Today is the day of joy, for Natwar. For others, their heart burns. All those women, who once declined Natwar’s love proposals, could cook supper over their hearts. All those men who married those women be like – light a cigarette dude!

Ironic! All their kids want to be like Natwar!

Behind this entire envious crowd, where candle light doesn’t reach, sits a man, dark and bearded face. Sinister eyes and bare hairy chest. This is Lakha! The abductor of buffaloes. The consumer of Alcohol. His right-hand holds a bottle of rum. His left hand soothes folds of his shabby white Dhoti. His eyes follow Natwar’s movements on the platforms. His nose breathes fire. He hates Natwar. Not only Natwar stole the buffaloes he had stolen, he exposed him. Now a lamb goes missing and villagers come knocking at his door. Had Lakha carried a dagger, it would be hanging across Natwar’s heart right now. Alas, he doesn’t. He pours another sip of neat rum into his throat and all his rage washes away.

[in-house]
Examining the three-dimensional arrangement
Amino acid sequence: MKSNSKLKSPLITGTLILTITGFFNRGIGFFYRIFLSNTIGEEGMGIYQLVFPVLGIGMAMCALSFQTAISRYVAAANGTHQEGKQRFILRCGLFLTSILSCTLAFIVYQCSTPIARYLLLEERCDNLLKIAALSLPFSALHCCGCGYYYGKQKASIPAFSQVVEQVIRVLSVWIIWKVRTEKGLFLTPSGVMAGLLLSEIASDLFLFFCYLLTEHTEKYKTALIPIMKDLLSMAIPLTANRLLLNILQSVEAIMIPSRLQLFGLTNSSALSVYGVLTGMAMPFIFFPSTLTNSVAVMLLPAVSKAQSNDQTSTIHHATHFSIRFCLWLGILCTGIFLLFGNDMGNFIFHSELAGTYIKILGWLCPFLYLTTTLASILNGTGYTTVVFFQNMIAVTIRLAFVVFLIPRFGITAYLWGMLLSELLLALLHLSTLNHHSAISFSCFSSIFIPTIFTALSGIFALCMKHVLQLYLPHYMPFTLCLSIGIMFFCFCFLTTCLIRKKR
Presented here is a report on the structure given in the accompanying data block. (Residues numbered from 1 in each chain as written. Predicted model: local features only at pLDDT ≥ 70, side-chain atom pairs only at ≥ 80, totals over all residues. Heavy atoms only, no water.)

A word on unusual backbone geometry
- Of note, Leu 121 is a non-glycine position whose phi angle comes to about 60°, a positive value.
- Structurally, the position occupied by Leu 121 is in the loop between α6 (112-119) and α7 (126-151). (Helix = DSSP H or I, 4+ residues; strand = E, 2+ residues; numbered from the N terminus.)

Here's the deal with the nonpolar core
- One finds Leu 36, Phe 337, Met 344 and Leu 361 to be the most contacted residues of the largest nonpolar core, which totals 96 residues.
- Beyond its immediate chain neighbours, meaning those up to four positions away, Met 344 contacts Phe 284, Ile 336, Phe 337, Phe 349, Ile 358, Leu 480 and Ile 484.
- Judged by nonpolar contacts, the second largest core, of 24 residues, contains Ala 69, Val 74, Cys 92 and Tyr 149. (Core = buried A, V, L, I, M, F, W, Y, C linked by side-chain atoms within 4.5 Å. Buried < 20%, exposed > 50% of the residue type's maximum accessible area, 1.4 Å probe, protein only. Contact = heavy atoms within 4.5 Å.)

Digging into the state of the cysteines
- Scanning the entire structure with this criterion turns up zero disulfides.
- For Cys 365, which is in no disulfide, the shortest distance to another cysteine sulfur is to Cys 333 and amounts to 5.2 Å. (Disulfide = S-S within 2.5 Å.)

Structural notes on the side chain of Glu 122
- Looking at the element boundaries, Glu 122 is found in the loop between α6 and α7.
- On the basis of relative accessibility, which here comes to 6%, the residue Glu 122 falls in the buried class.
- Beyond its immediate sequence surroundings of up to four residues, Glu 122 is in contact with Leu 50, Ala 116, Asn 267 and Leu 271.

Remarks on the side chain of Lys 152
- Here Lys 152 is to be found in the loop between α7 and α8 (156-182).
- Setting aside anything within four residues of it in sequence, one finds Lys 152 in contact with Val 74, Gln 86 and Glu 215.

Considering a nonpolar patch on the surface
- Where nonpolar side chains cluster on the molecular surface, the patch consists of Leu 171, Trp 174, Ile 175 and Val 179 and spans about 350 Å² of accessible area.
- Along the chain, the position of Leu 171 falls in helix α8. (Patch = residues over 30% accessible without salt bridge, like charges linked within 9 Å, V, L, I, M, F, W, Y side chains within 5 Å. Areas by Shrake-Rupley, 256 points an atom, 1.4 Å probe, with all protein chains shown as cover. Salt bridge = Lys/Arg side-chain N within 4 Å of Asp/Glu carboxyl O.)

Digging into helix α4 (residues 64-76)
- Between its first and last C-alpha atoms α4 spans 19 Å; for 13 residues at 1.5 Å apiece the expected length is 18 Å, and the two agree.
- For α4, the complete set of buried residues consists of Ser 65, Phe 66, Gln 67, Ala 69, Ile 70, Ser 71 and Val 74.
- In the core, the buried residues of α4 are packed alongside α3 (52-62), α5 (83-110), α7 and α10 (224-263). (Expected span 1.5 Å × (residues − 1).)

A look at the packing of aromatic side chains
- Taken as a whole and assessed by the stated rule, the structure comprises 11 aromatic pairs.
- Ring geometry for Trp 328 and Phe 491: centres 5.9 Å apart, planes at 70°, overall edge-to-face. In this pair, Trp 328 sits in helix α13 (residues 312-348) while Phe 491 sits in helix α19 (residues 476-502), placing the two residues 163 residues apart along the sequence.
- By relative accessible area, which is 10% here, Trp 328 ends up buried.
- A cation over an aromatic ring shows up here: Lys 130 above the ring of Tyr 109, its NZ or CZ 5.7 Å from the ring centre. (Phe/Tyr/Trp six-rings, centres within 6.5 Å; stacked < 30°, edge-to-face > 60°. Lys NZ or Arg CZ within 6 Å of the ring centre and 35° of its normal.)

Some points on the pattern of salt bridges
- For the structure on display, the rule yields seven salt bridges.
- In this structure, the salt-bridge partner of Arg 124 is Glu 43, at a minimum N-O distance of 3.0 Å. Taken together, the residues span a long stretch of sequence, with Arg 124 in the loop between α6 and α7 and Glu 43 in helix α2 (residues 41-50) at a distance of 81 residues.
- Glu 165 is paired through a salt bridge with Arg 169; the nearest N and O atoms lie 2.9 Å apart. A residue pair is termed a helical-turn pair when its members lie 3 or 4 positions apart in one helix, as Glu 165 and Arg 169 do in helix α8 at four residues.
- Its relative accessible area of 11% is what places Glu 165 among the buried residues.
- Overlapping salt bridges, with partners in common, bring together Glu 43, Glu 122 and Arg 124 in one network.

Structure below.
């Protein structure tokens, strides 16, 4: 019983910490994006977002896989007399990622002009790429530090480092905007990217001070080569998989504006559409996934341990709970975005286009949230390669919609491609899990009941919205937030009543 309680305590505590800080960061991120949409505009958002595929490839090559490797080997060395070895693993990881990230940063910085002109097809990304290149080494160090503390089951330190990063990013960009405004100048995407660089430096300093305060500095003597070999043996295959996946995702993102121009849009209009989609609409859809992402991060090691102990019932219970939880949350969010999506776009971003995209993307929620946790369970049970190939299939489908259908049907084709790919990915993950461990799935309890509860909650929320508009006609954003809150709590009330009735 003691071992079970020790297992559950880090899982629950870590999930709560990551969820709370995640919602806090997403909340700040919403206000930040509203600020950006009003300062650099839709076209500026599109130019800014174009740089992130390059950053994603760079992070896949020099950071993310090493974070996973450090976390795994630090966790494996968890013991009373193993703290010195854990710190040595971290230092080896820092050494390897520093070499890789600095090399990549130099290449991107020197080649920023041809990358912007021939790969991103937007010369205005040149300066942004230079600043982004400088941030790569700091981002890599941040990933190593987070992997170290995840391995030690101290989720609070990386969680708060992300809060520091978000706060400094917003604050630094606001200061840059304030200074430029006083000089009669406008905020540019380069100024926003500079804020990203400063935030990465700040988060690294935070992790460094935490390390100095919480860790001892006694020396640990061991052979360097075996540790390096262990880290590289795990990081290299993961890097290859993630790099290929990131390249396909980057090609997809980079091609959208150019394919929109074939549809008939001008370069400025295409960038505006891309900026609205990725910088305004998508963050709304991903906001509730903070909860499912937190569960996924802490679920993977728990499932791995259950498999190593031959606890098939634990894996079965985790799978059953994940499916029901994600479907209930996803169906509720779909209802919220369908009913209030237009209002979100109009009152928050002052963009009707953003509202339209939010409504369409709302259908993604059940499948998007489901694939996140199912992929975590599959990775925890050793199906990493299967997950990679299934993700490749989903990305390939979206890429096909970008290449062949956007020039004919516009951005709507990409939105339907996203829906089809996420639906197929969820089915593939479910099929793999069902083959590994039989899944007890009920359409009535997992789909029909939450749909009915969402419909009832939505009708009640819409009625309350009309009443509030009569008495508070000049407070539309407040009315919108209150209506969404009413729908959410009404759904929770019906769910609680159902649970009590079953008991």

Meet Lakha – Lakha is chagrin but Lakha knows how to maintain propriety. Lakha stays calm. Be like Lakha!

“Friends!” Natwar’s voice travels. “For years, Ramkishan had been holding a secret from us. It ends today. A few weeks ago, I vowed to unfold the mystery. I stand in front of you, at this hour, and I hold the answer to all your questions…,” Natwar says. He turns around and village chief’s son, Raju, hands him a Hen. The villagers look curiously at the chicken. Suddenly, Natwar is not the center, the chicken is. Talent doesn’t count, the peculiarity does. It triggers a clamor among the audience. Some start despising Natwar already, some crack jokes from behind. “What does this chicken do? Does it give golden eggs?” A collected laugh rises.